► In today’s Seattle Times — Mayor-elect Murray seeks consensus on wage issue — Seattle Mayor-elect Ed Murray Thursday set a four-month deadline for a committee of labor and business leaders to deliver a recommendation on a higher minimum wage and called on the City Council to act by the end of July. The tight timeline reflects the pressure he and other city leaders are under from some activist unions and incoming socialist Councilmember Kshama Sawant who say they’ll file an initiative for a $15 minimum wage if Murray’s committee doesn’t deliver something substantive relatively soon.
► In today’s NY Times — Under Seattle, a big object blocks Big Bertha. But what is it? — Something unknown, engineers say — and all the more intriguing to many residents for being unknown — has blocked the progress of the biggest-diameter tunnel-boring machine in use on the planet, a high-tech, largely automated wonder called Bertha.
► At Politico — Trumka: ‘Populism works’ in 2014 — AFL-CIO President Richard Trumka on Thursday said the Democratic Party should push a populist message ahead of the 2014 election, calling the next election an opportunity to win back seats in the House: “Populism works. It works. If it’s your message, and what you believe in, and it’s your policy. It’s what Americans believe in.”
► In today’s Washington Post — National Labor College to close in 2014 — The National Labor College, an education venture for working adults supported by the AFL-CIO, will close next year because of financial difficulties school officials attribute in part to the construction of a conference center several years ago on the Silver Spring campus. The college, with 599 online students this fall, announced Wednesday that its board of trustees voted this week to accept a closure plan.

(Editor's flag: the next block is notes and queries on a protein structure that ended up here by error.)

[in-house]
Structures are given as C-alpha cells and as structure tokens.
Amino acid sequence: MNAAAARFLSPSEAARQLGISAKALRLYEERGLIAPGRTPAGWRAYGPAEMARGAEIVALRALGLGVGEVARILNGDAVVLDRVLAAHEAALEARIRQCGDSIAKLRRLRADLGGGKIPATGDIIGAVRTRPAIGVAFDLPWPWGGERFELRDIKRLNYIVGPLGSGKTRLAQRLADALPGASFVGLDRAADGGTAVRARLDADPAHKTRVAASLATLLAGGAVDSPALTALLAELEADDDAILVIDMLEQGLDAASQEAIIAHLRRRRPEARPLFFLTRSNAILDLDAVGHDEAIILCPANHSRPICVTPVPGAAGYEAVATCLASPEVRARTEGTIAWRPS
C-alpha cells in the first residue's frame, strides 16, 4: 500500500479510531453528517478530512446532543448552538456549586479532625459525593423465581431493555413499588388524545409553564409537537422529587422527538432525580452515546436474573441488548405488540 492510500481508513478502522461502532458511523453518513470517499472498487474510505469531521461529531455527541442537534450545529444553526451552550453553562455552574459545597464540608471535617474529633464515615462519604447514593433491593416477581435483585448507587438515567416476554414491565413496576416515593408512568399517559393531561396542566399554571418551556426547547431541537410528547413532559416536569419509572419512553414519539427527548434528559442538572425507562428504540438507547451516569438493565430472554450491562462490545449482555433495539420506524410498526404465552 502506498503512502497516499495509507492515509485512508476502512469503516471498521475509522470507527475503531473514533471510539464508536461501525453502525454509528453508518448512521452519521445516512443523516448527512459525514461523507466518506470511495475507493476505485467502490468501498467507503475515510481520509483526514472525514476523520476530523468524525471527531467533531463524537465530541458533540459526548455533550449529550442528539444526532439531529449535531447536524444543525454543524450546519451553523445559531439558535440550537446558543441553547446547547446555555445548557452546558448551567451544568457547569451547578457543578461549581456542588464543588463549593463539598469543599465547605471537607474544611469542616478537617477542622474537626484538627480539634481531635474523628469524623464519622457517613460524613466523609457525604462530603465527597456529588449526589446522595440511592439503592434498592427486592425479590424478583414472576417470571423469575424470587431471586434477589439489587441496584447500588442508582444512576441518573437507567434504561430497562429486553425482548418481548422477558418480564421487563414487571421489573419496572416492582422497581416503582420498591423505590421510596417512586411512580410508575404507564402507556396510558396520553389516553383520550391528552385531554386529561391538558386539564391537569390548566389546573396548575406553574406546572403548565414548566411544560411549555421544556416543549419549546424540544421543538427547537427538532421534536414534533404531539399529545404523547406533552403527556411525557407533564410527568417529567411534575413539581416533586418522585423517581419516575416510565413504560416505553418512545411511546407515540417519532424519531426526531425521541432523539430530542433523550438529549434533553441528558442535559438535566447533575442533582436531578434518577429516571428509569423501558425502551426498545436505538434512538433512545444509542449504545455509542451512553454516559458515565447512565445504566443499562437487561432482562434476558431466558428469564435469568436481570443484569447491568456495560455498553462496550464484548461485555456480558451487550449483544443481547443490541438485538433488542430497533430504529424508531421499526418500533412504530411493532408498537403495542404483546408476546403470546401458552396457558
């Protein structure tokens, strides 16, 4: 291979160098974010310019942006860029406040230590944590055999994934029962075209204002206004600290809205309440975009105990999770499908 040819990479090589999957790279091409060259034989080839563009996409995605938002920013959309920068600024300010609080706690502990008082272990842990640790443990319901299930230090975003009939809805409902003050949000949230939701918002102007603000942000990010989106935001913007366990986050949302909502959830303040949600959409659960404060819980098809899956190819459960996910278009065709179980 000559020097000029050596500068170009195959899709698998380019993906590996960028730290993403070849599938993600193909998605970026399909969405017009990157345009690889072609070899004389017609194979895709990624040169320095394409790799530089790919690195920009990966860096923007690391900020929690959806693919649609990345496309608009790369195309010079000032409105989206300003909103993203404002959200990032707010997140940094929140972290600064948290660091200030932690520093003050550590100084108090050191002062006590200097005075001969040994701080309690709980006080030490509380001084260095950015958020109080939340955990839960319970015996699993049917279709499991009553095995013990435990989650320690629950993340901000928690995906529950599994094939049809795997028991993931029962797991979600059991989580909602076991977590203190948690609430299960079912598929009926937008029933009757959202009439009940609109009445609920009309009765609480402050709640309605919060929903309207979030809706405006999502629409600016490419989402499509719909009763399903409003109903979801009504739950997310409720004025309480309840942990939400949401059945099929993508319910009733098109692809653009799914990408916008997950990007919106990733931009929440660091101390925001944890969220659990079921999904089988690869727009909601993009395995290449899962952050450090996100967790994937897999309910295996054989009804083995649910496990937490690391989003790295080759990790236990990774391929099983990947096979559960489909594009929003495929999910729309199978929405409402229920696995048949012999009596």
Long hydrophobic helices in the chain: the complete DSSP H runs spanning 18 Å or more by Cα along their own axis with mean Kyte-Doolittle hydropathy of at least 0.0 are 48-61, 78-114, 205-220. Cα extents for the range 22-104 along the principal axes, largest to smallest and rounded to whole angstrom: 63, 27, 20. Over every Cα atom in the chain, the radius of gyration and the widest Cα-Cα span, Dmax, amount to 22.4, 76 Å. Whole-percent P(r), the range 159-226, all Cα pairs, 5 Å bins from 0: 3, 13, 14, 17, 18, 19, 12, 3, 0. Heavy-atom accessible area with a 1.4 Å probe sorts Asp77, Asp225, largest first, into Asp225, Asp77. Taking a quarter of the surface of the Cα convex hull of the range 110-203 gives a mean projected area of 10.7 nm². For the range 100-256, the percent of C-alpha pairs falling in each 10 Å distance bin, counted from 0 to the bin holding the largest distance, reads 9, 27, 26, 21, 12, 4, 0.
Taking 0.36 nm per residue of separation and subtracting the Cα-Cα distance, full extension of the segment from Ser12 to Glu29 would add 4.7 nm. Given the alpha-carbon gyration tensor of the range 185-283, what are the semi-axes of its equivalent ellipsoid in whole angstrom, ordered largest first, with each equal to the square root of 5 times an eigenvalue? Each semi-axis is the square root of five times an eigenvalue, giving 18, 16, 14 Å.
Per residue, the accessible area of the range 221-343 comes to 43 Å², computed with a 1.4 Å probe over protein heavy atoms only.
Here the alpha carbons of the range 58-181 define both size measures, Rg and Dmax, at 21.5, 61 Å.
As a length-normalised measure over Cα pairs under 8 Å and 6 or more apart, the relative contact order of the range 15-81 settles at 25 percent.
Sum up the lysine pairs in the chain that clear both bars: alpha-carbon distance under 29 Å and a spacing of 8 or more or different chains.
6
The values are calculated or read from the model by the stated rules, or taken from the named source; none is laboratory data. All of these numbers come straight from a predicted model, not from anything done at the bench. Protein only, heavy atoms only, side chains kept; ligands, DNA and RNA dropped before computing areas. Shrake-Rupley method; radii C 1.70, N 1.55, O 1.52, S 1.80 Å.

► In today’s Washington Post — Obama administration relaxes rules of health-care law four days before deadline — The announcement that consumers whose health insurance policies have been canceled may be exempted from the law’s individual mandate triggered backlash from the insurance industry.
► From AP — Businesses again challenge union poster rules — A prominent business group filed a lawsuit Wednesday challenging government rules that require federal contractors to display posters telling workers they have a legal right to form a union.
EDITOR’S NOTE — It’s still just a poster…
► In today’s NY Times — Osborne and the Stooges (by Paul Krugman) — There was an episode of “The Three Stooges” in which Curly kept banging his head against a wall. When Moe asked him why, he replied, “Because it feels so good when I stop.” Well, I thought it was funny. But I never imagined that Curly’s logic would one day become the main rationale that senior finance officials use to defend their disastrous policies.
► The bad news: The Stand will go silent for the remainder of 2013 as the Entire Staff celebrates the holidays and recharges our batteries for 2014. The good news: As we listened to Stevie Wonder’s Greatest Hits yesterday with our daughter, we were reminded of the following, which makes the cut on our all-time desert-island list of favorite live TV performances. At about 3:30 of this nearly 7-minute version (!) it evolves into a jam session, but it was aired in its entirety 40 years ago. And we really love the kid rocking out at the top of the stairs. Enjoy and happy holidays!
The Stand posts links to Washington state and national news of interest every weekday morning by 10 a.m.